It’s just preschool. Why do we need to have ceremonies for this? Not everything has to be a big deal.

It is just preschool. They basically played all year.

What was the curriculum? Painting, gluing, singing, counting.

They just learned to share, listen, take turns, develop fine motor skills.

They only learned how to make friends, keep friends, speak clearly, open their own snacks. Print their name. Be away from mom and dad.

Why are we celebrating this past year? It’s just preschool after all.

Just preschool, where their teachers invested in their young lives as they ate their playdoh cookies. It was one or two mornings per week where they were stretched to try new things and think outside of their own experiences. Sitting at the carpet taught them mutual respect and how to follow a new routine. Planting bean seeds in paper towels and baggies fostered wonder and a sense of nurturing.

Maybe graduations aren’t necessary, but big things happen throughout our lives and they need to be marked. I think we’ve gotten carried away with graduations in particular (preschool, kindergarten, grade six, grade 8, grade 12, need I go on?) but reflecting on a year of growth and learning? That matters.

Pausing to say good-bye to a season of education or a milestone of life, let’s keep doing that. Minus the formal wear.

Even if it’s just preschool.

(Thank you, teachers of all grade levels. What you do matters and we are grateful).

Kindergarteners: They Don’t Care

Yelling out the window is not a learning centre.

Neither is chasing a classmate with a spray bottle. Stop it.

Flushing play-doh down the toilet? Also not a centre.

Please don’t pet the tadpole.

We don’t save Lego creations, no, not even if you “put it down really gently” in the bin.

Kindergarten.

I love it. Another year is wrapping up and this time of year is my favourite. This is when we get to reflect on the growth and success of the past year. I’ve been teaching this age group for about 14 years, give or take a maternity leave or two (math is hard, guys). Every year I learn new things.

Have you ever noticed a kindergartener when he dresses himself? I want to live my life with that kind of “take me as I am” attitude. Very few people over age five can pull off sports shorts paired with a long-sleeved, plaid, button-down shirt. Or socks and crocs with a winter vest overtop a t-shirt. They don’t care. 

I dressed myself. Obviously.
I dressed myself. Obviously.

Some might say that kindergarteners have inflated egos and sense of self and they would be correct, but part of that is amazing. If you didn’t have a crazy ego you’d never think that coming in 8th in a race means you won. They don’t care.

Need a pick-me-up? Come to kindie gym and watch them run laps or do dashes from one end of the gym to the other. It is the best. It is physically impossible not to smile like a lunatic who ate too many Oreos when you watch them run their little hearts out with complete abandon. And their peers cheer them on and pat them on their backs regardless of how they performed. They don’t care.

This year I learned once again that being outside is better than just about anything. There are articles and books and jargon-filled resources that essentially all say the same thing: Magic happens when we learn outside.

Just going to do some writing on my own for a while.
Just going to do some writing on my own for a while.

 

Don't know the lyrics? No problem.
Don’t know the lyrics? No problem.

No matter if you are indoors or outdoors, kindergarteners will sing along with any song, even if they don’t know the words. Because they don’t care.

I think I need to care a little less, too (but not about flushing play-doh, seriously stop doing that).

_____________

Is it Mephibosheth?

I did not record this recent conversation with a little kindergarten friend, but it’s pretty much burned into my memory.

 

Kindie: Do you know my middle name?

Me : No. Do you?

Yes. My mom knows.

What is it?

Ummmm….

Do you know?

Yes. My mom knows.

Ok, what is it?

Ummmmm…..

That’s alright.

No, I want to tell you.

Ok, what is it?

Do you know?

No.

My mom does.

Do you know?

Yes.

What is it?

Ummm……

You know, that’s fine.

Do you know my middle name?

I don’t.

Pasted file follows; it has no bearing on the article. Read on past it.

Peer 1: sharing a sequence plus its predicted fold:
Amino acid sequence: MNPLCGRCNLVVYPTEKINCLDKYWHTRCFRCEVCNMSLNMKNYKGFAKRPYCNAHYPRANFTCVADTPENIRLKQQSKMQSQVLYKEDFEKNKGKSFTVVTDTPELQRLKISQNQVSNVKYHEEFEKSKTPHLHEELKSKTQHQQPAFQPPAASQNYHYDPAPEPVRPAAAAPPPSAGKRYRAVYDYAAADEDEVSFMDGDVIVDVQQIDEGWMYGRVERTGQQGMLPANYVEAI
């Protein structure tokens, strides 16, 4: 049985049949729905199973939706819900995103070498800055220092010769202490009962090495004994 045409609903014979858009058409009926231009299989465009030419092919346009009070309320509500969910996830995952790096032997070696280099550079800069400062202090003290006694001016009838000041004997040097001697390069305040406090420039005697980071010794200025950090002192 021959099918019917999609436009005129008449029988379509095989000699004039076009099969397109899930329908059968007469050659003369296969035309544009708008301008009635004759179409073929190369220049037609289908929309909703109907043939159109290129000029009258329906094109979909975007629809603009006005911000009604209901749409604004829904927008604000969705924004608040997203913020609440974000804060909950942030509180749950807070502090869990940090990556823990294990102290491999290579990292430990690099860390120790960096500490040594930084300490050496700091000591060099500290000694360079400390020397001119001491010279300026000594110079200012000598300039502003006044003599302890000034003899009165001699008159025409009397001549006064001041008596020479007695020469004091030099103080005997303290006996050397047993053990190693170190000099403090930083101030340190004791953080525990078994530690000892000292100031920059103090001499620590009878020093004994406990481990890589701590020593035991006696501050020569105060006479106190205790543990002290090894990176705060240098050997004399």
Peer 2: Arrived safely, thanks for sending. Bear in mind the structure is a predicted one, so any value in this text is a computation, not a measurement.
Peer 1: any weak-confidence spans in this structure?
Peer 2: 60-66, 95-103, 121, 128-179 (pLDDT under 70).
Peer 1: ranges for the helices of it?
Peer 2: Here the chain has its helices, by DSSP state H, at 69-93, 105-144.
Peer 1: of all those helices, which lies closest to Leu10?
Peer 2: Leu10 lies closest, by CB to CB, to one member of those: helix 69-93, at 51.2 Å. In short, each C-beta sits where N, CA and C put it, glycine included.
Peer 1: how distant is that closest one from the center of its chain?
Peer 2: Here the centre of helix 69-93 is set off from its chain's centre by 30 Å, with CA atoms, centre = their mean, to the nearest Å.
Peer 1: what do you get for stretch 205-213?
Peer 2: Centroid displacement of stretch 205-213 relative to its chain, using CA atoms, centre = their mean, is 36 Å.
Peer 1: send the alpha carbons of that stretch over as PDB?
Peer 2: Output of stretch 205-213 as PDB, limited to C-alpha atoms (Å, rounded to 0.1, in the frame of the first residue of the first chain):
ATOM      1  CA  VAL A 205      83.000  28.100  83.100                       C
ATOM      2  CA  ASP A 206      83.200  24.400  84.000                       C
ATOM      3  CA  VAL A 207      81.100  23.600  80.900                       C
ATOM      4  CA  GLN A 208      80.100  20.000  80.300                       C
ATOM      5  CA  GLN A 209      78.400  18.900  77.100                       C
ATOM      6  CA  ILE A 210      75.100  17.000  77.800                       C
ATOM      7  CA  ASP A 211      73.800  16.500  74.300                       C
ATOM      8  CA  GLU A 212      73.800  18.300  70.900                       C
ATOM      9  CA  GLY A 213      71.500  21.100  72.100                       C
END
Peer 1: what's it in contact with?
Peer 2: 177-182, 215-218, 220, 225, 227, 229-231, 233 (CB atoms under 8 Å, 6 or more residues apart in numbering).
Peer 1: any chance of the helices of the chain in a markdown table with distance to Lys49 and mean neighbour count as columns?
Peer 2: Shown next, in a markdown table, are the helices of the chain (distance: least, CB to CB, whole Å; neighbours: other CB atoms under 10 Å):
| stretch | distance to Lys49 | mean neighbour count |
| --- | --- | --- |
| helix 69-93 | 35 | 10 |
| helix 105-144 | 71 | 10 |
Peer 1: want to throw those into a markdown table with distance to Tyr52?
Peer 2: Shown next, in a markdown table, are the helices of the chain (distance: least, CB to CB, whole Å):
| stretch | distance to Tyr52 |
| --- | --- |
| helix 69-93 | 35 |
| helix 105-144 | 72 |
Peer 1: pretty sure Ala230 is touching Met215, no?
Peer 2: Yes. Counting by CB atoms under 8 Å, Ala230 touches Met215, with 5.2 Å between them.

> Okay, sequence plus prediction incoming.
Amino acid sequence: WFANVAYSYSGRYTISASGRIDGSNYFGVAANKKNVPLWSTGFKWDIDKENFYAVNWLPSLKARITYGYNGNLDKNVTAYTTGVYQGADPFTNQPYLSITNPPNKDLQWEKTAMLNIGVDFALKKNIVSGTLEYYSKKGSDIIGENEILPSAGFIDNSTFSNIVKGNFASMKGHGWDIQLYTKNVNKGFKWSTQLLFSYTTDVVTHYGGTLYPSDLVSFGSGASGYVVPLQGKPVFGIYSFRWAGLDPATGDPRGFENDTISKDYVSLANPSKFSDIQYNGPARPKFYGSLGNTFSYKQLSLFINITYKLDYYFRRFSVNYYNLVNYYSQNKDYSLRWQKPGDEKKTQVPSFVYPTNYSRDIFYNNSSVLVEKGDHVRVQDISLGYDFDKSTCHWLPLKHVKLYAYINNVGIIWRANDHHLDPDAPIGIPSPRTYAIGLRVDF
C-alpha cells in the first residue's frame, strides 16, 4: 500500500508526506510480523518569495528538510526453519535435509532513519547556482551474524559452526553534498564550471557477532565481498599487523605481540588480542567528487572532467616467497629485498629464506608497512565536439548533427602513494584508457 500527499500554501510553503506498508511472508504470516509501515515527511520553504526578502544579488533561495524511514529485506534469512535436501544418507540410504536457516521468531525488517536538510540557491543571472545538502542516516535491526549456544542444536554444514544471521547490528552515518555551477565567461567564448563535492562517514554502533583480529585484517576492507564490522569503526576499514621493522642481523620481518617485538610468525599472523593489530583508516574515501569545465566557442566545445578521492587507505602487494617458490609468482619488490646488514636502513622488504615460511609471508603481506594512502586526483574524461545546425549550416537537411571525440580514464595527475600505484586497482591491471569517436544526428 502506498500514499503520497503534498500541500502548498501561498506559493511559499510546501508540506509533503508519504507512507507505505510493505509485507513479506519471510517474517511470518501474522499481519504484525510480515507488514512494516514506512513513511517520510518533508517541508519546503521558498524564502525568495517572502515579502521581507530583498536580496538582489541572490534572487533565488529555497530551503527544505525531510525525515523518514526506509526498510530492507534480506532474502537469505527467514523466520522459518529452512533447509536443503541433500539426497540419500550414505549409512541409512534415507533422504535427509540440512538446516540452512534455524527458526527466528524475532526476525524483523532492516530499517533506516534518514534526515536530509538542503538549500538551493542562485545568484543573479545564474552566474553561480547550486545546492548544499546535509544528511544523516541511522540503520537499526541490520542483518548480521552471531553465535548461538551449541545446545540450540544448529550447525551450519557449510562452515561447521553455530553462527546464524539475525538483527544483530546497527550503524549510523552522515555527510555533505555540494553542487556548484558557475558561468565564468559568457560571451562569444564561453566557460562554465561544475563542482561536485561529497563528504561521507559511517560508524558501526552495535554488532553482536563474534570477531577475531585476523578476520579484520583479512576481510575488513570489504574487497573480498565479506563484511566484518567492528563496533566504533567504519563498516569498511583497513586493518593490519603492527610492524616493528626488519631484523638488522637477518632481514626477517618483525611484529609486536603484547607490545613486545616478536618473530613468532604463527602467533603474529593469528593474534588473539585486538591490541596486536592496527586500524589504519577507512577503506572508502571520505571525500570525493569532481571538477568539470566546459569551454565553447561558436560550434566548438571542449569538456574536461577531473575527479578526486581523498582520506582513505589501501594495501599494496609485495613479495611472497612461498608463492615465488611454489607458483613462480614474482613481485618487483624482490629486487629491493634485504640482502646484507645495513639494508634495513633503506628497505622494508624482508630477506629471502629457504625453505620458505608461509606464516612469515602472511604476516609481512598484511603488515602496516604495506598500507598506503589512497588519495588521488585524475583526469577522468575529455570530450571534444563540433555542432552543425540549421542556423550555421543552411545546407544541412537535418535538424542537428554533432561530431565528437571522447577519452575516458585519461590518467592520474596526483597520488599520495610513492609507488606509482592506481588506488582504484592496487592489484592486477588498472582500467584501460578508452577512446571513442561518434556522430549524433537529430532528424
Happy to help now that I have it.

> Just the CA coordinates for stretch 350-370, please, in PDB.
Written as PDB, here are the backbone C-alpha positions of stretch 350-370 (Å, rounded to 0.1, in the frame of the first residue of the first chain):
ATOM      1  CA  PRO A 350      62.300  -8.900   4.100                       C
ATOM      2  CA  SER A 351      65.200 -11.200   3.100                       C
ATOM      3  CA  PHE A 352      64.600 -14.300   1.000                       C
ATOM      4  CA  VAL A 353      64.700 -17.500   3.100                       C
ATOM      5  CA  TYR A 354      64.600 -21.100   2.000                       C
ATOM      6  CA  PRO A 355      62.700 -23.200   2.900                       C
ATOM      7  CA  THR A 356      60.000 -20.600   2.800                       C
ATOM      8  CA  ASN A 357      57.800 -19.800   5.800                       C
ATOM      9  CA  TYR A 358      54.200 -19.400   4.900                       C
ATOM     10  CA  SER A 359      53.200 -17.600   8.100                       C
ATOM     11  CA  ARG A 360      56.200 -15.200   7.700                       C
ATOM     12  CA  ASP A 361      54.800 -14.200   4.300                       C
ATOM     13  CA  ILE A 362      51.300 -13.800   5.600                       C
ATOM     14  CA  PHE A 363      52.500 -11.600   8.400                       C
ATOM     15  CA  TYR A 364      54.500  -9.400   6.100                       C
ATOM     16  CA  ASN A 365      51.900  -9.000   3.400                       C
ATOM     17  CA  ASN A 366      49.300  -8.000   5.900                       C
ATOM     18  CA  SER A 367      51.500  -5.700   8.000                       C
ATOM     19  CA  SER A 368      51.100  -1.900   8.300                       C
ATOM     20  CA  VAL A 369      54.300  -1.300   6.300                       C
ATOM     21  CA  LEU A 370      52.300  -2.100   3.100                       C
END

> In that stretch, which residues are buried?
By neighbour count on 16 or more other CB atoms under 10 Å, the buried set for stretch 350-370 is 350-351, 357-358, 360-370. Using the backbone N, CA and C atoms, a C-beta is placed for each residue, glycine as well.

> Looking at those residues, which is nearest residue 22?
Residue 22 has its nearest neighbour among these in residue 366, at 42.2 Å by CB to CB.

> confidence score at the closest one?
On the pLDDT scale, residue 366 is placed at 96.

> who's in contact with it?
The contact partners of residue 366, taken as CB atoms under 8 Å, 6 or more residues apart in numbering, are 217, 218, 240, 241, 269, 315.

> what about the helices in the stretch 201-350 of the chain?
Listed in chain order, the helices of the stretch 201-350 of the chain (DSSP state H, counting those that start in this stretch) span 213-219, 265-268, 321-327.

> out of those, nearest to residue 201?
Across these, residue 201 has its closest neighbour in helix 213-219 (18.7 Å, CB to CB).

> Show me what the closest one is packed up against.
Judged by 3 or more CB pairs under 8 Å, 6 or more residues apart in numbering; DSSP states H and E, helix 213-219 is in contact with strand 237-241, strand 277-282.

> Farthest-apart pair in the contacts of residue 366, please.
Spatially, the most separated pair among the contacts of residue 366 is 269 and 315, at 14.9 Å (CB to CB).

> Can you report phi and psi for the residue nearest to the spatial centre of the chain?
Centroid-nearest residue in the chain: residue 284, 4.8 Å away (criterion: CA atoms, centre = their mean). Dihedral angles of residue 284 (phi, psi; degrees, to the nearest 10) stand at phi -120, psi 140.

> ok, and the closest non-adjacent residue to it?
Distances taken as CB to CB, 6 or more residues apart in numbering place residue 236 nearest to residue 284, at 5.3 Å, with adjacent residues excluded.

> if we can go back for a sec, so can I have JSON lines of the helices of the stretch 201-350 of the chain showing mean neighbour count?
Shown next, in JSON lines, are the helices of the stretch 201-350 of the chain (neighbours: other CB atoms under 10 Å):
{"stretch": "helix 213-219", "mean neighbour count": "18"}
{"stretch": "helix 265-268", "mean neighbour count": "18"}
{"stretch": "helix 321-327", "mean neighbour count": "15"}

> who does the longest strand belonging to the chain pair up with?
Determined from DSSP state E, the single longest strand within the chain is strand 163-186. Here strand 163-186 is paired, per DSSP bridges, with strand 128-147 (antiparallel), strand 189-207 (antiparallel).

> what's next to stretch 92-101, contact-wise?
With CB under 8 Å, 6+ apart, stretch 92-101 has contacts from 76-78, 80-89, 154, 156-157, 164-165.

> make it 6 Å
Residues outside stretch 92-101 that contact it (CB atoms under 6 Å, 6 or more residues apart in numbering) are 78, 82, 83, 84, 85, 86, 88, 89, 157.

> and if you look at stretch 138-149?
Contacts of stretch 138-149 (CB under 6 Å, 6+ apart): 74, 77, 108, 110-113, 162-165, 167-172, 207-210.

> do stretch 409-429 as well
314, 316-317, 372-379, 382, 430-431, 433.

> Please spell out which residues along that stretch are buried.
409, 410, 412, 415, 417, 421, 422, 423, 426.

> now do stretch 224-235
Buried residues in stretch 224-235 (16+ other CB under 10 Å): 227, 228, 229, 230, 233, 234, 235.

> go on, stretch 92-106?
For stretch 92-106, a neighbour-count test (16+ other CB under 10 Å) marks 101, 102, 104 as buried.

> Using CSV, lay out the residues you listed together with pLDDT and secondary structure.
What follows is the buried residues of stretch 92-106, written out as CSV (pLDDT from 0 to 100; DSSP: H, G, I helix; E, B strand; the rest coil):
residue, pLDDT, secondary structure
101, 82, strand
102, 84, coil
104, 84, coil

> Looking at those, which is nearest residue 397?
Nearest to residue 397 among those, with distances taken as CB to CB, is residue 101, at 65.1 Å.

My mom does.

Ok.

Do you?

No, I don’t. You don’t have to tell me.

I WANT to.

Ok, tell me.

Ummmmm…..

Is it Mark? Seamus? Mephibosheth?

No.

Do you know, but you forgot?

Yes.

(and back to Lego).

———-

Wine, guys. Red wine.

My Five Rules for Beach Day

There’s a tradition in many Canadian schools to have Spirit Days. One particular favourite is Beach Day which typically occurs immediately before March Break. The logic is that Canadian winters are long and dreary and the best way to snap out of a “lots of snow, but not enough to cancel school” funk is to dress up in your beach attire and pretend not to notice that your eyes are frozen open.

Guys, I’m part of the group that decided to do this. Again.

How do I forget every time that I really don’t like Beach Day?

Oh, sure, Spirit Days are great and even better when the staff participates. The smiles and cute comments from the students are always fun. I love dressing up for Halloween or a good old Ugly Christmas Sweater Contest. These days build a sense of community and it’s worth being silly to accomplish that.

But Beach Day. What were we thinking?

Let’s have a theme day that accentuates our pale, pasty skin and lack of muscle tone from weeks of being indoors. I’m in!

And so, I present to you, My Five Rules for Beach Day.

1. Moisturize. And preferably not just the night before.

2. Commit. Did the nail polish you started to paint minutes before leaving for school turn clumpy and hard to apply? Oh, well. You’re slapping that varnish on all ten of your little piggies because the only thing more noticeable than clumpy nail polish is having only one toe painted.

How can your toes look anything but amazing in "Gloppy Magenta"?
How can your toes look anything but fabulous in “Gloppy Magenta”?

3. Layer. It’s winter in Canada. Even if the heat is turned up, it’s going to be cold. And socks will help cover up your botched pedicure.

The socks really tie the whole outfit together
The socks really tie the whole outfit together

4. Layer. No, for real. You better be dressed for the weather. It’s only summer in your imagination.

Not everyone can pull off shorts and winter boots.
Not everyone can pull off shorts and winter boots.

5. Hydrate. Pretending to be at the beach can be hard work. Trying to appear that you’re confident wearing clothes that may or may not feel snug due to your winter consumption of M&Ms and chips (we all need a little extra insulation) can really bring on a thirst.

Bearded Husband thoughtfully dropped this off, making it extra refreshing
Bearded Husband thoughtfully dropped this off, making it extra refreshing

*Special thanks for the guest appearance by Amanda, modelling the always popular Socks with Sandals.

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Theme Days: Love them or hate them? Would you wear your beach attire or pretend you “forgot”?